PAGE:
Study Says Clever People Are More Likely To Drink Alcohol
A study conducted in the UK, which surveyed more than six thousand people, found that intelligent children were more likely to be regular drinkers and to smoke cannabis.
The study, which was published in the British Medical Journal, found that children who obtained high test scores at the age of 11 were linked to an increased likelihood of regular drinking and cannabis use but that intelligent young Brits were less likely to smoke cigarettes.
The study's authors, James Williams and Gareth Hagger-Johnson, said: "Higher-ability adolescents are more open to try cannabis but are initially cautious of illegal substances in early adolescence as they are more aware of the immediate and long-term repercussions that breaking the law might incur."
Also as these clever young ones enter into their teen years, they statistically are less likely to binge-drink.
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The study found that clever children are more likely to smoke weed in their late teenage years - ages 18-20 - because they are more naturally more curious and express stronger desire to be accepted by older peers.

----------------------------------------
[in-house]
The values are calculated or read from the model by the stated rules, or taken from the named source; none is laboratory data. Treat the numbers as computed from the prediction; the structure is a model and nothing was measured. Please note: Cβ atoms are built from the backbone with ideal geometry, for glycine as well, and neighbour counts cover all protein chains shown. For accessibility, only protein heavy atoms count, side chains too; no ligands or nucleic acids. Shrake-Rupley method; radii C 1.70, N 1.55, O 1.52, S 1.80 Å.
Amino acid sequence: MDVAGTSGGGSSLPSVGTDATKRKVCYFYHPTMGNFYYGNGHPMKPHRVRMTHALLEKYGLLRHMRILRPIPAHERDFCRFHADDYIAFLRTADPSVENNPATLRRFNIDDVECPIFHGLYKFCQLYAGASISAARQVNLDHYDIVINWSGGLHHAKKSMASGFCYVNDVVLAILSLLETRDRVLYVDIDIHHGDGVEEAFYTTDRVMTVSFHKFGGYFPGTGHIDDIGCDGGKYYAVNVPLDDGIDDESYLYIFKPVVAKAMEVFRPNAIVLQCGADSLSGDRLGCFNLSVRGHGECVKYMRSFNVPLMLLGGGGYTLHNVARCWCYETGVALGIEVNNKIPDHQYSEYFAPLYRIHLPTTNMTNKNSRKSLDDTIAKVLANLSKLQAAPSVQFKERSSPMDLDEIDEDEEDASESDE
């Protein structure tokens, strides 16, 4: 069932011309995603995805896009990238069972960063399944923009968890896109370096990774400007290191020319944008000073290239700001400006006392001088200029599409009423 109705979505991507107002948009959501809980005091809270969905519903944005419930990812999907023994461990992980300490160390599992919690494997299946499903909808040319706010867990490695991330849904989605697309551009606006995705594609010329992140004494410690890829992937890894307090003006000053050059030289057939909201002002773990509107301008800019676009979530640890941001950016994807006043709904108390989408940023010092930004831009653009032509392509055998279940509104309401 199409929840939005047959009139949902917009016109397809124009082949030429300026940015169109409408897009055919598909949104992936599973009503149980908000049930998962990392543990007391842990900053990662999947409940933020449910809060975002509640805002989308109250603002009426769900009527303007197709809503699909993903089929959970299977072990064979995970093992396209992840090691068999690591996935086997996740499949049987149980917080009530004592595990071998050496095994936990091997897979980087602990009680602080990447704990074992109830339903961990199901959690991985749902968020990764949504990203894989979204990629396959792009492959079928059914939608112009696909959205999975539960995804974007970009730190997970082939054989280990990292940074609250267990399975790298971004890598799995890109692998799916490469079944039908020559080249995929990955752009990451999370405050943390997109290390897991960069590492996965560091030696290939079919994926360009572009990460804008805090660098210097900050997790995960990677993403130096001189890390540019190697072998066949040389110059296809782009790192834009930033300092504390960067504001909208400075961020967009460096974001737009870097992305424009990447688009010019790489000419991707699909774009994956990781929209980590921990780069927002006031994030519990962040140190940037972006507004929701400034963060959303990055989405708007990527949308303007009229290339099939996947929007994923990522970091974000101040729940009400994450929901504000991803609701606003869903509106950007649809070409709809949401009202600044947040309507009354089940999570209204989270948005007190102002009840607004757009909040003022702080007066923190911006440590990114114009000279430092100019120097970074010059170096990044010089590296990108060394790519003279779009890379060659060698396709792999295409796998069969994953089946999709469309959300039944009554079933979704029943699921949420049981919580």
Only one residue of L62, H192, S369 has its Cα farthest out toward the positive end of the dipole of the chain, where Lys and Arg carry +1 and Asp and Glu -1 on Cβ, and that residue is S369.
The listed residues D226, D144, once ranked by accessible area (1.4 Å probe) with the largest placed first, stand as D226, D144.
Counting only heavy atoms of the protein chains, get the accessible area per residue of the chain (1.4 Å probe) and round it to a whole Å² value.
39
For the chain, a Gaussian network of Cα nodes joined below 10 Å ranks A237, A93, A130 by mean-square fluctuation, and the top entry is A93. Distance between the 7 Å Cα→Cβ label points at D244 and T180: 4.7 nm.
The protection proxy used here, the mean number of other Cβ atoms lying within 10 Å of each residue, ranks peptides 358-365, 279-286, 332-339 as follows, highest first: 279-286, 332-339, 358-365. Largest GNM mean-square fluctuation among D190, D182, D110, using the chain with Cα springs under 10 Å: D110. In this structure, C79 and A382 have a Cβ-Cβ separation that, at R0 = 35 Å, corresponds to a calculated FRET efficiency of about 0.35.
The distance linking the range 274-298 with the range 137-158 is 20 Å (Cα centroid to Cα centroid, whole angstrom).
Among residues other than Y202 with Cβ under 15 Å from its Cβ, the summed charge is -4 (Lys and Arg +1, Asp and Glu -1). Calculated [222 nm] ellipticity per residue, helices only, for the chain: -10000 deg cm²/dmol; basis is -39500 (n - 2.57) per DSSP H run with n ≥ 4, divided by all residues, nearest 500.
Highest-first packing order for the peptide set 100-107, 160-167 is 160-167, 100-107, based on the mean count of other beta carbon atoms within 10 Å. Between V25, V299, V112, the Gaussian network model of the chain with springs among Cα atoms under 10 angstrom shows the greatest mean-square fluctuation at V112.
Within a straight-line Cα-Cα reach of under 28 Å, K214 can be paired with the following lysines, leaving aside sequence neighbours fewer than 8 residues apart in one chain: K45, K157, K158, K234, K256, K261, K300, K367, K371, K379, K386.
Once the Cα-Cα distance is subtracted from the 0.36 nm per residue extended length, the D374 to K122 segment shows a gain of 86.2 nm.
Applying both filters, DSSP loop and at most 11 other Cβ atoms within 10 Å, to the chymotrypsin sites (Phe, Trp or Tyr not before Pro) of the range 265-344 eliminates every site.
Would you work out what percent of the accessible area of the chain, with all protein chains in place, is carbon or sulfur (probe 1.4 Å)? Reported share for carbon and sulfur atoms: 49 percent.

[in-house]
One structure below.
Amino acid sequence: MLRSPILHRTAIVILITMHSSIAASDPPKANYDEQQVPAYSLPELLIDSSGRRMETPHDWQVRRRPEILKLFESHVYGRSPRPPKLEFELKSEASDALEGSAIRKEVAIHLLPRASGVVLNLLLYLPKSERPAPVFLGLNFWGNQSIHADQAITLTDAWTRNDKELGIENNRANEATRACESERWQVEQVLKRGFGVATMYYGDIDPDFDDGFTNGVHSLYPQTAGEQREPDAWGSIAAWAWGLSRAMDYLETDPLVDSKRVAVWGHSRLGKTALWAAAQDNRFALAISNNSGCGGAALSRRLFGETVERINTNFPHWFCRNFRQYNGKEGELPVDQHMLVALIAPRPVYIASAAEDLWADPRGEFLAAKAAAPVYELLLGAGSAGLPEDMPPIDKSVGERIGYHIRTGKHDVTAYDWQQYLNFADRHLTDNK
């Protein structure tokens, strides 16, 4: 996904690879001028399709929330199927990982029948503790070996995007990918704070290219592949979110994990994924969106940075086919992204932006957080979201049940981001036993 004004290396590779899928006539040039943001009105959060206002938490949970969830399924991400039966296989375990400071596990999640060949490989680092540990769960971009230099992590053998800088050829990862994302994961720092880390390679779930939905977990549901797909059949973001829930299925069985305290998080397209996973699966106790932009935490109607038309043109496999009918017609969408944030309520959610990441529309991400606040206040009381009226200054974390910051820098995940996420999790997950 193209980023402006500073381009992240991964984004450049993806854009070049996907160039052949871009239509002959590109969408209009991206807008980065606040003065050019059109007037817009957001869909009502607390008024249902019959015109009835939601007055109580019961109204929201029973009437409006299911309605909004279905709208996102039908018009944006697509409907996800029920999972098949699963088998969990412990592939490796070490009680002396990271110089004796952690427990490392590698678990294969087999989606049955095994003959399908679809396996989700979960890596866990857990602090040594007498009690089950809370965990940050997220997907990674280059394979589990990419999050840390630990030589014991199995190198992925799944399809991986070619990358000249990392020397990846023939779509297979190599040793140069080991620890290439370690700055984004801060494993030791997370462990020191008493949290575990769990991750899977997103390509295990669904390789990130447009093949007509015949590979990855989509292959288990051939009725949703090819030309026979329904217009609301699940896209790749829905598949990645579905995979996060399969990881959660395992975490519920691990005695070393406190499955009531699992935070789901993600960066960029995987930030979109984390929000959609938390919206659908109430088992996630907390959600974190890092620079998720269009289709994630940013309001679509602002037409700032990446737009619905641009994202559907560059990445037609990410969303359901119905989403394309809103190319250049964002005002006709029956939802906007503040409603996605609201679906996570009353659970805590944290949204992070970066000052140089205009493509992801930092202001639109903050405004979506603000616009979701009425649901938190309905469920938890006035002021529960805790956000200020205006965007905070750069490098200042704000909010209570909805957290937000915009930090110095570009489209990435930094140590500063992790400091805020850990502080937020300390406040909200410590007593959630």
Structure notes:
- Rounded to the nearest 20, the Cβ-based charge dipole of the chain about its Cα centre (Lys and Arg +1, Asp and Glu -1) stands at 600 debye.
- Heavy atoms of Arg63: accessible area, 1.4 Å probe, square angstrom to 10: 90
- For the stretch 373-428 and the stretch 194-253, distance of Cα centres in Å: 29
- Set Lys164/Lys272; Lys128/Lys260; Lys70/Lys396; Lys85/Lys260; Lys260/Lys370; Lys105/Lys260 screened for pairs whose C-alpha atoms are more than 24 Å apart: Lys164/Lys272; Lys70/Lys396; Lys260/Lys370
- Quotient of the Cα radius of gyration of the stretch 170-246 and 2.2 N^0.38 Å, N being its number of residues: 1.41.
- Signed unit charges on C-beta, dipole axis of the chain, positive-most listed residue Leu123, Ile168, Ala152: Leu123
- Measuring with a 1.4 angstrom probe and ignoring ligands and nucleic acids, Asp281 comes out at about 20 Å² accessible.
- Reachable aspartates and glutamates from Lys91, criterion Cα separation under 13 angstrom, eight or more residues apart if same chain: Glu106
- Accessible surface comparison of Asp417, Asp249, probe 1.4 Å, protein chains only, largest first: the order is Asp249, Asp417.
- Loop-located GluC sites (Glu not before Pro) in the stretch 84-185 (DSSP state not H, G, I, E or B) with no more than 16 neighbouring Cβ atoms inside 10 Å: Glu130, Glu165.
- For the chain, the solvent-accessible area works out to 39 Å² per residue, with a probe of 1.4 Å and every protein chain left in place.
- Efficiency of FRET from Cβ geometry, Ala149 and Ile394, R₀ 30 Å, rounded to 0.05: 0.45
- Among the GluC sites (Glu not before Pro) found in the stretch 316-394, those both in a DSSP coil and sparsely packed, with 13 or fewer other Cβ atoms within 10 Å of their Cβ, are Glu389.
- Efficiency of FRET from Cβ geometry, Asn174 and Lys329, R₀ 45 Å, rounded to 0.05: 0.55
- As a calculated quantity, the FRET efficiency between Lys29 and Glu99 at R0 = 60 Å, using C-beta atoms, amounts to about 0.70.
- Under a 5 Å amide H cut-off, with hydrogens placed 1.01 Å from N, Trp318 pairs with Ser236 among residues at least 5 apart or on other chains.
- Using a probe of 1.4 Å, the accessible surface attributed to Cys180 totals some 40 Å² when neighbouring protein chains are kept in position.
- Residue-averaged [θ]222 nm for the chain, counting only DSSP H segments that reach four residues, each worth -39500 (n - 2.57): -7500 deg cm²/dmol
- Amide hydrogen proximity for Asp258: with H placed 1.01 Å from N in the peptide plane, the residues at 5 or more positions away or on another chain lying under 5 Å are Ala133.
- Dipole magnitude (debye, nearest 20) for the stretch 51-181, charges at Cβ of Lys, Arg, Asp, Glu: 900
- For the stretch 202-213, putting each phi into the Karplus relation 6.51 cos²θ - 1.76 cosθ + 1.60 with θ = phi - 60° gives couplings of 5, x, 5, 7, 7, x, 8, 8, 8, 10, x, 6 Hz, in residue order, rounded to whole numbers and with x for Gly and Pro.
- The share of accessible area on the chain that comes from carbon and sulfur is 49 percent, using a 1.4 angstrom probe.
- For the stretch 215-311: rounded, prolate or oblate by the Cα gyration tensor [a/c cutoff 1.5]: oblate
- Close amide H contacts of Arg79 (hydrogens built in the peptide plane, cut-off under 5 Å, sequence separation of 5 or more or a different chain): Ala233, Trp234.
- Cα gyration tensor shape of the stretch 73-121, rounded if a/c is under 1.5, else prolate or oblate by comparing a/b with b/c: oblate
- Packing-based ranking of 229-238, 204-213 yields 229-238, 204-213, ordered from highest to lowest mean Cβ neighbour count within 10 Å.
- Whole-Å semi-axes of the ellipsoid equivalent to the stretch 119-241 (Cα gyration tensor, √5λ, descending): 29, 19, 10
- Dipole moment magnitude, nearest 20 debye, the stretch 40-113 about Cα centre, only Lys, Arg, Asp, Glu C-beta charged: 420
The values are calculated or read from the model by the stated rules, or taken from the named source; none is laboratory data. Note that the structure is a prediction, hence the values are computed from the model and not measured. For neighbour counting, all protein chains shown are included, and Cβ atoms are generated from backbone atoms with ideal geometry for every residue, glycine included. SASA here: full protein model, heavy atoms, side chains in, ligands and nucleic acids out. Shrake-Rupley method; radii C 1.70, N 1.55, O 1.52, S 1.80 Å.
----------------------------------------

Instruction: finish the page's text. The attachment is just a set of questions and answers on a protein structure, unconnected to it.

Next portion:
Researchers added: "High childhood academic at age 11 is associated with a reduced risk of cigarette smoking but an increased risk of drinking alcohol regularly and cannabis use.
"These associations persist into early adulthood, providing evidence against the hypothesis that high academic ability is associated with temporary 'experimentation' with substance use."
So, if you were a problem child, then it's time to tell your parents that it was actually just a sign of your intelligence.
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